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The normal sequential execution of instructions may be changed by the use of the branching instructions in order to perform subroutine linkage , decision making, and loop control.

Subroutine linkage is provided by the BRANCH AND LINK instructions, which permit not only the introduction of a new instruction address but also the preservation of the return address and associated information.

Facilities for decision making are provided by the BRANCH ON CONDITION instruction. This instruction inspects a two-bit condition code that reflects the result of a majority of the arithmetic, logical, and I/0 operations. Each of these operations can set the code in any one of four states, and the instruction BRANCH ON CONDITION can specify any selection of these four states as the criterion for branching. For example, the condition code reflects such conditions as nonzero, first operand high, equal, overflow, and zero. Once set, the condition code remains unchanged until modified by an instruction that causes a different condition code to be set.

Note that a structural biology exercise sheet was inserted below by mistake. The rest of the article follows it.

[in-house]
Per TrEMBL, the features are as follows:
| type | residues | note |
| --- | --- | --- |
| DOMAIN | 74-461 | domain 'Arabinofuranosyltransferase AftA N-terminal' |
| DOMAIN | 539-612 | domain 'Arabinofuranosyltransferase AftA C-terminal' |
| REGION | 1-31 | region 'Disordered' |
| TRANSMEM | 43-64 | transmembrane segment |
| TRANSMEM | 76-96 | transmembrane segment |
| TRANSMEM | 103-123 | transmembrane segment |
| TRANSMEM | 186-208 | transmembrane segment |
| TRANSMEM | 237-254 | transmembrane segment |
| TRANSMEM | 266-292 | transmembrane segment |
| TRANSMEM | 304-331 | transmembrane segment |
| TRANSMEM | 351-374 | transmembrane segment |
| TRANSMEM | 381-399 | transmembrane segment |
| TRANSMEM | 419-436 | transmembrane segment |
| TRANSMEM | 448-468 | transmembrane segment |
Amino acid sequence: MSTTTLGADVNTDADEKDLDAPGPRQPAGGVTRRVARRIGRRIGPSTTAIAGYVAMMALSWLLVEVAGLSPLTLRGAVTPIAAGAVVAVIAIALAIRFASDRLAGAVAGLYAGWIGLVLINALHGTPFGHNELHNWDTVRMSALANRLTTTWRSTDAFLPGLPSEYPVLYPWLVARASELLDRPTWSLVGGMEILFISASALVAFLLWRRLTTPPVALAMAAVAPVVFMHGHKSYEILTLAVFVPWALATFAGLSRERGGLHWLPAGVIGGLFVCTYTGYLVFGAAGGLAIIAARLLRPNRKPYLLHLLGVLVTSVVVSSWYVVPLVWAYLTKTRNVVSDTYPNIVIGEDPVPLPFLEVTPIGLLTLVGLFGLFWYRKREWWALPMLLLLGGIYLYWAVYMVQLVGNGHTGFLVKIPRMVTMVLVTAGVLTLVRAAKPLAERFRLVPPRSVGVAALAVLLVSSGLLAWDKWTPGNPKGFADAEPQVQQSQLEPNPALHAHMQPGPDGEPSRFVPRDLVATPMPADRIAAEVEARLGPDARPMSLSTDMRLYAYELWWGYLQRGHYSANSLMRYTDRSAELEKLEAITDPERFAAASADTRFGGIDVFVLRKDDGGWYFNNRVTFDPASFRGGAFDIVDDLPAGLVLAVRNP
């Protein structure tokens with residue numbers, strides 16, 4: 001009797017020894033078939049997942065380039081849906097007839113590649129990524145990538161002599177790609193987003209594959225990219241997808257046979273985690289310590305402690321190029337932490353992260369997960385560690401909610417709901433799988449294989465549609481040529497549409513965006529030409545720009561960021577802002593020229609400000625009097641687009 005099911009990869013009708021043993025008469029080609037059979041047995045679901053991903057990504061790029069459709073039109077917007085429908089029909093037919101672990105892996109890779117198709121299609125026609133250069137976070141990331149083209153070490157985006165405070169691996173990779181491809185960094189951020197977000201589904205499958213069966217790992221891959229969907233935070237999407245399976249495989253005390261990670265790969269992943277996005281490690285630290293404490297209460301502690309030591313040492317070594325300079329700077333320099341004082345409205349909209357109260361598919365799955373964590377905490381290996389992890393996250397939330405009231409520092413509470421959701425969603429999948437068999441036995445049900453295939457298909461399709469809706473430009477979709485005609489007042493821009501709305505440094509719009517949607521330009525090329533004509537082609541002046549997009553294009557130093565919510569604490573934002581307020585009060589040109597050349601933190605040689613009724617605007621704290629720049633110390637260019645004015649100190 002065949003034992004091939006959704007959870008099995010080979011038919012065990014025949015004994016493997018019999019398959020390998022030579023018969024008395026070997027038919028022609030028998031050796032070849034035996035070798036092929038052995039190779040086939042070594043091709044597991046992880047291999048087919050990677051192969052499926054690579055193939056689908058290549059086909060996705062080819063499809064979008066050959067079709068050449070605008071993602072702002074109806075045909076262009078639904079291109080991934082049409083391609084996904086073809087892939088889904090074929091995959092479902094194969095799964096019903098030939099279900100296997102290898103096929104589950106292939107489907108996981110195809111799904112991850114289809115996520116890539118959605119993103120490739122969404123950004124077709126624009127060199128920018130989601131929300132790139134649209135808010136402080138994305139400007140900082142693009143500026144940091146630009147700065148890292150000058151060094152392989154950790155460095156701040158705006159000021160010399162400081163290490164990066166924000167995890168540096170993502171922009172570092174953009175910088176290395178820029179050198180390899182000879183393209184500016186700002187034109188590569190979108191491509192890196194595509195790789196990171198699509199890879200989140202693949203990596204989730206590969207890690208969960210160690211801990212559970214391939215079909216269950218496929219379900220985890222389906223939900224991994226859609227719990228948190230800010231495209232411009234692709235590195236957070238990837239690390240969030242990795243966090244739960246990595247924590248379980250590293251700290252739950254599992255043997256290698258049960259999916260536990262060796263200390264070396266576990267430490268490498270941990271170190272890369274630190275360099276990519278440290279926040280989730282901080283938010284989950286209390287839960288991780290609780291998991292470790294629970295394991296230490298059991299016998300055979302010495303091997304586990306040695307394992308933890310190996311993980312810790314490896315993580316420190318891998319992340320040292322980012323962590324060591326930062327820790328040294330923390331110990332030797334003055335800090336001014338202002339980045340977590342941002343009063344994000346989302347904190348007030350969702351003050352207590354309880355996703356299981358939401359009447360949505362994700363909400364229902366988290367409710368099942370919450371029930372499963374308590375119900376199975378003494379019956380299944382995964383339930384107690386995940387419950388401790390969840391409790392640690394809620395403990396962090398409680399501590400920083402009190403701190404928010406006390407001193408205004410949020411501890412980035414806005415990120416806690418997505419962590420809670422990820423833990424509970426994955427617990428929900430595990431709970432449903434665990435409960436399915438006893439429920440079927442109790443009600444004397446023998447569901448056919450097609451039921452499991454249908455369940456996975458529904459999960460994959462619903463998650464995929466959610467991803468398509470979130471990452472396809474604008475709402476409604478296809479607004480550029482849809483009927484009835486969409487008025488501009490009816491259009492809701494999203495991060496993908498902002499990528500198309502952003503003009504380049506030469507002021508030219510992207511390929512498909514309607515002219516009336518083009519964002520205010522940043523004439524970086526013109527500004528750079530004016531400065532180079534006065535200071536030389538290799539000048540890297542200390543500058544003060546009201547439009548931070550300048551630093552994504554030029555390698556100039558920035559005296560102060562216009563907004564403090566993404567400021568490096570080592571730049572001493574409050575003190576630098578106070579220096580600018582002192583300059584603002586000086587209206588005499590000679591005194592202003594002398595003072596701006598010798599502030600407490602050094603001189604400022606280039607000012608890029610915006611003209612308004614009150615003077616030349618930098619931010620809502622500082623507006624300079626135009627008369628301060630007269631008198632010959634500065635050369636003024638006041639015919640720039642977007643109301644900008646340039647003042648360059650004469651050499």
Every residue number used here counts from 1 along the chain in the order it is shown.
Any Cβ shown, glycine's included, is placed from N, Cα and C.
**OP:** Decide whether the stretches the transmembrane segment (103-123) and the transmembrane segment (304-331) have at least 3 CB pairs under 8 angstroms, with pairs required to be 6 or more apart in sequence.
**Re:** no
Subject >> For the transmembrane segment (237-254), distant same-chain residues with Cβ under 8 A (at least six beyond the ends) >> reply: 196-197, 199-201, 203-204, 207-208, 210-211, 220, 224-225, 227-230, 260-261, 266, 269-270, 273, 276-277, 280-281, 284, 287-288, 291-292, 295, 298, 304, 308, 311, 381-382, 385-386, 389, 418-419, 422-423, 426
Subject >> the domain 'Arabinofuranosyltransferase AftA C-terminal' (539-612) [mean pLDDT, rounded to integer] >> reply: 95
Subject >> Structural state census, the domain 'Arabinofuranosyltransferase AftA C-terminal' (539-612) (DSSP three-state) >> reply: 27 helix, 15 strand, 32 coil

The two bits of the condition code provide for four possible condition code settings: 0, 1 , 2, and 3. The specific meaning of any setting depends on the operation that sets the condition code.

Loop control can be performed by the use of BRANCH ON CONDITION to test the outcome of address arithmetic and counting operations. For some particularly frequent combinations of arithmetic and tests, the instructions BRANCH ON count and BRANCH ON INDEX are provided. These branches, being specialized, provide increased performance for these tasks.

The interruption system permits the CPU to change state as a result of conditions external to the system, in input/output (I/0) units, or in the CPU itself. Four classes of interruption conditions are possible : machine check (divide by zero), program, external (FASTBUS access), and FASTBUS error.

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